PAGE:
Fascinating to see both the domestic Energy supply chain and the transport and fuel energy stock supply chain be concentrated to the extent that each can now easily influence, of their own decision and volition! the daily price that consumers will be forced to pay in higher fuel charges, Electricity costs and able control the added taxes and margins and so forth, that One nation quaintly pointed out recently, that the big sellers added costs between the supply and retailing to clip additional profit and yes, I don't think the ACCC is listening or creating competition in Energy markets.

    Not looking good, but plenty of margin for artificially created high jumps in pricing and a slow roll down to allow savvy consumers to buy at THEIR low pricing (ie. not dictated by market forces cycles)

  9. #34
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    Responding on behalf of Alexander, I totally agree with you!
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    I seem to recall the French owners saying the Shell brand would concentrate on commercial sales eg bitumen, avtur etc.
    I donít bother with the old players, but use United, APCO, Metro, Liberty etc.
    Maybe they get their supplies via tankers from Singapore these days.


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    Icon10 Some slight signs of competition on latest drive Metro to Country and Return.

    Ah well bought my diesel at $1.257 on another country trip, of course Metro prices well above that but there were some signs that competition is forcing some pricing to be more competitive, i.e. Shell at Wallan was comparable with United and much lower than Metro on every corners set pricing.

    Noted that ULP was $127.9, LPG was 69.9 (still way too high) E10 was $125.9, and Shell in the same Country town was way lower than Metro pricing.

    BP had some competitive others seemed in line with their competitors, you really have to check the pricing as you drive and buy where your dollar gets you most! On this full tank to full tank did 390 km between fills, so saved a bit.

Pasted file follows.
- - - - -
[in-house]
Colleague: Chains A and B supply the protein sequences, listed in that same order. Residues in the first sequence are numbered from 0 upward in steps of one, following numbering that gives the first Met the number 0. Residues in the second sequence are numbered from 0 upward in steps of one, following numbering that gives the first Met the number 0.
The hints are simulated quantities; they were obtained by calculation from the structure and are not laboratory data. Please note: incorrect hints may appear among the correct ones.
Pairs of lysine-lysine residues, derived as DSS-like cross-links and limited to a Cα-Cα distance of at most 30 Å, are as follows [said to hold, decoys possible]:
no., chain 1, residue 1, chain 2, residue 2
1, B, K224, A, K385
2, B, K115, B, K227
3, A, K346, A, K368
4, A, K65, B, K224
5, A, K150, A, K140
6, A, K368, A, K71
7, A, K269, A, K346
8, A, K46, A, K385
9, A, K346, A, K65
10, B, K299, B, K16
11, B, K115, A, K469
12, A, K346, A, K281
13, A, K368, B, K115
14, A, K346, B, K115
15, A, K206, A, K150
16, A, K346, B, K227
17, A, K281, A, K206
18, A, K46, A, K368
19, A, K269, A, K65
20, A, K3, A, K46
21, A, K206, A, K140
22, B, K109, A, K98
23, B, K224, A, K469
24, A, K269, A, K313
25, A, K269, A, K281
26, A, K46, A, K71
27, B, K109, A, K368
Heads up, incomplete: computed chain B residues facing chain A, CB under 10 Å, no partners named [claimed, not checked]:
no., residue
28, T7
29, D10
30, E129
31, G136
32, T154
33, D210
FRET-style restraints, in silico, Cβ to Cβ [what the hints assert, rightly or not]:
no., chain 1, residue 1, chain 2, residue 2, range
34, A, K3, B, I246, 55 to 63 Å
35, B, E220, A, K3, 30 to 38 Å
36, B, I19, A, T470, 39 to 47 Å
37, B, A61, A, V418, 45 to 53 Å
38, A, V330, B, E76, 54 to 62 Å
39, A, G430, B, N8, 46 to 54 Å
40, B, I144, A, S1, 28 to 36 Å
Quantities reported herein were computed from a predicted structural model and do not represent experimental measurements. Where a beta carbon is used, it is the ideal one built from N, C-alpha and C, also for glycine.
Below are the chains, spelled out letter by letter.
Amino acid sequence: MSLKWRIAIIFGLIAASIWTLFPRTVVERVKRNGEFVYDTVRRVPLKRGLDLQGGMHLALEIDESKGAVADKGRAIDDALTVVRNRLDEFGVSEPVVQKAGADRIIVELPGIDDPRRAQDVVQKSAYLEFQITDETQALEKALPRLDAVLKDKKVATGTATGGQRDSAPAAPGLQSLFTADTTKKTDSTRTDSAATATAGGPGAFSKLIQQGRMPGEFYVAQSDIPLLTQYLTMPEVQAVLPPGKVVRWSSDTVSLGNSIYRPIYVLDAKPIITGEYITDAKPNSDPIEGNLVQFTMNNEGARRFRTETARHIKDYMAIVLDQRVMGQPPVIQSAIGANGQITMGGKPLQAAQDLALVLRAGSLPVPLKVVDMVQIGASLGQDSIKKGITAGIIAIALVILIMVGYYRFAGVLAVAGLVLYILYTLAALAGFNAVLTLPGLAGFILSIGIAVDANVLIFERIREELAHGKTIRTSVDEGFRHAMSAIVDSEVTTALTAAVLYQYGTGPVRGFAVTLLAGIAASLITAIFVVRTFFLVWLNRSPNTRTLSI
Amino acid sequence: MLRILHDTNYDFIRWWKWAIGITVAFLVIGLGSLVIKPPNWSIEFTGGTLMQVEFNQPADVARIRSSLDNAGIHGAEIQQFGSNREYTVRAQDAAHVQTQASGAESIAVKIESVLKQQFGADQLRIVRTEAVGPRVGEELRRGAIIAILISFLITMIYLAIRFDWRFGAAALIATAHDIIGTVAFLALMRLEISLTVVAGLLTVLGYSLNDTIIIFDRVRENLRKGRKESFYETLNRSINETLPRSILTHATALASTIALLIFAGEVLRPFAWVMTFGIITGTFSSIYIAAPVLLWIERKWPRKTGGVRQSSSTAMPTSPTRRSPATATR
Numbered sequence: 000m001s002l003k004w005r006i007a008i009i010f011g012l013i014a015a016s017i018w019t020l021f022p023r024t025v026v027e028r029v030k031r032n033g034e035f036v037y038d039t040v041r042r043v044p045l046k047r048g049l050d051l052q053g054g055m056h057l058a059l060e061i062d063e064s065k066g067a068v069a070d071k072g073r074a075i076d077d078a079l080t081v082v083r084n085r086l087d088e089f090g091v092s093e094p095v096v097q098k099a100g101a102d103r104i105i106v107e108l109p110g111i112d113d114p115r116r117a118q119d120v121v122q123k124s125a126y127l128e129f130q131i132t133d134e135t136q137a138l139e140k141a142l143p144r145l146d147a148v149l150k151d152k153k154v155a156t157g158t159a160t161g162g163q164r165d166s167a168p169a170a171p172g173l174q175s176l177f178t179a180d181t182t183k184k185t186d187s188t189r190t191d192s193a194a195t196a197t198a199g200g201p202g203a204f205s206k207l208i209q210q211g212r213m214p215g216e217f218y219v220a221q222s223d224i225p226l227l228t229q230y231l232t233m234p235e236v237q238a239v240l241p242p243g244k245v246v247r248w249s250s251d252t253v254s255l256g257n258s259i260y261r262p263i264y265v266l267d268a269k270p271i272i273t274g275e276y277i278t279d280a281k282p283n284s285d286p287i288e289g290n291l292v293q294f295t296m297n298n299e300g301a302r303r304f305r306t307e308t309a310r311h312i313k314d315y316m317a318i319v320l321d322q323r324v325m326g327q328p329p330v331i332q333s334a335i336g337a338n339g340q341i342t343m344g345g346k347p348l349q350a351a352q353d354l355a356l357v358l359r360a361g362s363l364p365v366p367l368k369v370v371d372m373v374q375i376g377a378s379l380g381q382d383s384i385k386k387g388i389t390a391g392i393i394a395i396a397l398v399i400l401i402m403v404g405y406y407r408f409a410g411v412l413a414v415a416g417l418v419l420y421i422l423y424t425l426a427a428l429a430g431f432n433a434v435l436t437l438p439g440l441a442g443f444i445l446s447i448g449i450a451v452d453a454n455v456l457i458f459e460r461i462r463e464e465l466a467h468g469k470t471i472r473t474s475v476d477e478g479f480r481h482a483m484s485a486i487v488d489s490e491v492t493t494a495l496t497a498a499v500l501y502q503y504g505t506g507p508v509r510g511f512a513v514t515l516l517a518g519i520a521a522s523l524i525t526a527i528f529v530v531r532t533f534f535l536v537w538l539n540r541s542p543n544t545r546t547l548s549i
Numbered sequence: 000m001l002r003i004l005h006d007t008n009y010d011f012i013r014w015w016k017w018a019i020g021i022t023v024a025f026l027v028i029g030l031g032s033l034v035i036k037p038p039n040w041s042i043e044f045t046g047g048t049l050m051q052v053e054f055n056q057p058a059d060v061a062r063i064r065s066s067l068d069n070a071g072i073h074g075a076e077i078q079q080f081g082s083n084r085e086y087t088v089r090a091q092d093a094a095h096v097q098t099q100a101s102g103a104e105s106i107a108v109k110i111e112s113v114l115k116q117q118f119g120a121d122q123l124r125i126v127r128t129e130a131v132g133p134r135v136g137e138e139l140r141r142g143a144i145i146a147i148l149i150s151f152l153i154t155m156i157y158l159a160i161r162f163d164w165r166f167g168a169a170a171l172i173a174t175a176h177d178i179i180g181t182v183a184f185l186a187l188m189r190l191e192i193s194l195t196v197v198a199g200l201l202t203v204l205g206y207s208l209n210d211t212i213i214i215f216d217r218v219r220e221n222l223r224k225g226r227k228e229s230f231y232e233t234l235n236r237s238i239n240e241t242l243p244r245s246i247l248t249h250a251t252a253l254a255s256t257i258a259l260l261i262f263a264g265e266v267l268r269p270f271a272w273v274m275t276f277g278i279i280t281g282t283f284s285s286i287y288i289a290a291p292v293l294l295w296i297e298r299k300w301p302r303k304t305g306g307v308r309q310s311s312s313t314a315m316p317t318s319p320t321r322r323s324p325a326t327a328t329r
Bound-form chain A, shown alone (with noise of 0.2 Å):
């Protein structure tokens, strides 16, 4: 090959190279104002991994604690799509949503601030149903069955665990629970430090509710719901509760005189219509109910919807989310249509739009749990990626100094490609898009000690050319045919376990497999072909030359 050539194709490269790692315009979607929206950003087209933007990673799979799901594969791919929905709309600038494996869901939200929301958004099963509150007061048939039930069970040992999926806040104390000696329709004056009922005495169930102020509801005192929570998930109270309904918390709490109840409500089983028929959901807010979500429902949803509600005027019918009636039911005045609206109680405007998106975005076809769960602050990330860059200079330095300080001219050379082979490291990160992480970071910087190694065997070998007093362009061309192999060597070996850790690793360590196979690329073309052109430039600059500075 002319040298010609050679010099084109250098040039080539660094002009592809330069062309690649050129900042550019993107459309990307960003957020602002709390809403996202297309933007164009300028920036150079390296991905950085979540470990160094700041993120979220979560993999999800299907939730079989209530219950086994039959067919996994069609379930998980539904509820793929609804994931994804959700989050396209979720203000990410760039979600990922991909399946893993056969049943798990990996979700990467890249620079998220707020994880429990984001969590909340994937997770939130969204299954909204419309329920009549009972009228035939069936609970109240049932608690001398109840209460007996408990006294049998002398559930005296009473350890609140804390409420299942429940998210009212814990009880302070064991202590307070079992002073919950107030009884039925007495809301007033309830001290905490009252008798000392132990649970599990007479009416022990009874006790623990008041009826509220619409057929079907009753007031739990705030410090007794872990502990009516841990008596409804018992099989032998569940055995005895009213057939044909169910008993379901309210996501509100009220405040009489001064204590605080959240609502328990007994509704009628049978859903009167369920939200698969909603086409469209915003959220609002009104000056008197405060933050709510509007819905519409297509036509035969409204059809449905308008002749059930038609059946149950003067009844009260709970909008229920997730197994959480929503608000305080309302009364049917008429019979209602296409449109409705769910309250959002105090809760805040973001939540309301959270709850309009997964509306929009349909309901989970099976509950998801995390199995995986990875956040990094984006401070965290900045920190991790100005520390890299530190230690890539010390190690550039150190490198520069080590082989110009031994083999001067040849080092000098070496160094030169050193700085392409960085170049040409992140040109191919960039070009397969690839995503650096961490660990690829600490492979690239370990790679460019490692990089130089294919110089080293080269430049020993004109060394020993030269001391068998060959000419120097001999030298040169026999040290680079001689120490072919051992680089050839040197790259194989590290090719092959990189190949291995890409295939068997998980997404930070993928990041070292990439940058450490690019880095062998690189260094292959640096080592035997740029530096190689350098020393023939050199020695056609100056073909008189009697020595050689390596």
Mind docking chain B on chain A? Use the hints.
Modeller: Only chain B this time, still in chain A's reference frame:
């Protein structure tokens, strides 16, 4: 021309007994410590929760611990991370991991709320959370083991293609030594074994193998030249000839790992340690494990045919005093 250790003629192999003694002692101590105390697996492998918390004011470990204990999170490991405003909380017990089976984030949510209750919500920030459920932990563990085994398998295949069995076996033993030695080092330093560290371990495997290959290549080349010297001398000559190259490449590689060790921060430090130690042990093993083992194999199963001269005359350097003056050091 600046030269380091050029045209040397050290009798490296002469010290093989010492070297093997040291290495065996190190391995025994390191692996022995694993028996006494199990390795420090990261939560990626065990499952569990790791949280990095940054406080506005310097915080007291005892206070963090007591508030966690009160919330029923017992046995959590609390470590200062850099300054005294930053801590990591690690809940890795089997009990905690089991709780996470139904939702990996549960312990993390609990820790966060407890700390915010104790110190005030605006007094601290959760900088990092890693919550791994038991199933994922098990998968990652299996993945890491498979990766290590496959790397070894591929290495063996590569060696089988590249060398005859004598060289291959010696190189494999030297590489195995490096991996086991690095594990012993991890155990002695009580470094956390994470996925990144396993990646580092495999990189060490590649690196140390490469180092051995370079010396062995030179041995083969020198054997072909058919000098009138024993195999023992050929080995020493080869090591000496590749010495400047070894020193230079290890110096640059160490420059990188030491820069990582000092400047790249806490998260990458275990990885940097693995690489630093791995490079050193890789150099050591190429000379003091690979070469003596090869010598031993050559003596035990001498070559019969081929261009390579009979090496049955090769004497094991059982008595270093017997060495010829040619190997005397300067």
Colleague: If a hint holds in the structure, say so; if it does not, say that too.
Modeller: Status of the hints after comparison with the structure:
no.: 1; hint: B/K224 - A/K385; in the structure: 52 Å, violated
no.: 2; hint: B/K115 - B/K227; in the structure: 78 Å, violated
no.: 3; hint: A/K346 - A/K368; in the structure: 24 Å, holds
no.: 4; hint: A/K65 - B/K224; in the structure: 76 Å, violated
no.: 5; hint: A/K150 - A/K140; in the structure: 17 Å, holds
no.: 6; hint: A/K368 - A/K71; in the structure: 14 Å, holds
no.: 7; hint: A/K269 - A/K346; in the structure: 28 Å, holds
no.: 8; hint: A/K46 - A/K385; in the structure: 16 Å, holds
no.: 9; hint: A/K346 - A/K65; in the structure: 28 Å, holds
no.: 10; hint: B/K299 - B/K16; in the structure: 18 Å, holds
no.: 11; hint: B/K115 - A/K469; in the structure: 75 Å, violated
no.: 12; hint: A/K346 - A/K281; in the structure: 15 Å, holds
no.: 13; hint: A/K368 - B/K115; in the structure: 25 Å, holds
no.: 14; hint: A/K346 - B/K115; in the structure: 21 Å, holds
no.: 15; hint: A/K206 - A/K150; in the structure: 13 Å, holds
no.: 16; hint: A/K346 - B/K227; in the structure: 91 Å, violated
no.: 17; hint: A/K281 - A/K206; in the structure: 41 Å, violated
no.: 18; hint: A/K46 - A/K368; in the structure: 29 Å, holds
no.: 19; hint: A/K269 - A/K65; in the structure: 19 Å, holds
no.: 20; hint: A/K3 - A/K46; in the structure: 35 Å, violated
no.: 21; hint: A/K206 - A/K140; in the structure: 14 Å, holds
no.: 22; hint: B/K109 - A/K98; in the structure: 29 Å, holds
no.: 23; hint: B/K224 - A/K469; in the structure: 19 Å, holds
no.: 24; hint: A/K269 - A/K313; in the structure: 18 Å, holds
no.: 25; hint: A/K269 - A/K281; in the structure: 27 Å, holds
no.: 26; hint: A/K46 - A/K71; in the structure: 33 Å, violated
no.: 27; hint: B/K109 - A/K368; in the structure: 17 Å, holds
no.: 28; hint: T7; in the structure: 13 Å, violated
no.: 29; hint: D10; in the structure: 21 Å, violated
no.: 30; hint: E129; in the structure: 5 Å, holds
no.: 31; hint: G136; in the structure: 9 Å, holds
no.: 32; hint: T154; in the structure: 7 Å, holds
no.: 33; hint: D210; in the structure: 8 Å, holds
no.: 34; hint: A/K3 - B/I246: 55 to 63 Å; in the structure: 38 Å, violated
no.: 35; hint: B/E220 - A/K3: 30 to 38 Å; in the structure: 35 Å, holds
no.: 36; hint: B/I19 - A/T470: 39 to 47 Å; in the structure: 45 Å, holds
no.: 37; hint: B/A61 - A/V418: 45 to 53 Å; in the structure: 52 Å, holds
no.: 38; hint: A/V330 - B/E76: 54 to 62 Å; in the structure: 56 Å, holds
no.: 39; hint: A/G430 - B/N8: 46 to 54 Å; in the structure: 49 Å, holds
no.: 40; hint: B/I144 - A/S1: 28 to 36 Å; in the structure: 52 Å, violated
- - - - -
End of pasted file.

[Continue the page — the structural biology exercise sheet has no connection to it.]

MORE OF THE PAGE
Not buying too much at Caltex these days.....though..

    Waiting for the ACCC to find the elephant tracks....

    Ken

  12. #37
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    Quote Originally Posted by Kenfuego View Post
    Sad that Jaahn. Shell has settled down a bit with the Diesel price, but it is still high in Melbourne with 127.9 the average, but then we seem to be re-routing our trips so that we get our 116.9 Diesel Price and as we drove back to Melbourne along Bell Street, there was one lone BP Station near Merri Creek that doesn't want to sell fuel to anyone but brain dead motorists who last Monday were 147.9 a Litre for Diesel, now that is a dead set rip off as even the Heidleberg West BP was in the 127.9 range, but our full tank meant no need to purchase Diesel for a week or so and I get to visit my older brother in Bendigo as well!

    How about those that have converted to LPG or have modern LPG fuelled vehicles? Gas prices in Melbourne that used to be in the 50's range of prices are now 69c a litre on average and I saw one at 75 cents a litre How is that for you Interstate guys? NO excuse for those extremes in prices IMHO!

    Need a new Motorists advocate in the Federal Parliament. Hope Fuel prices get some coverage in the upcoming Queensland Election - has the Election announcement done anything to lower prices there?

    Need to keep up the pressure on the pollies I think.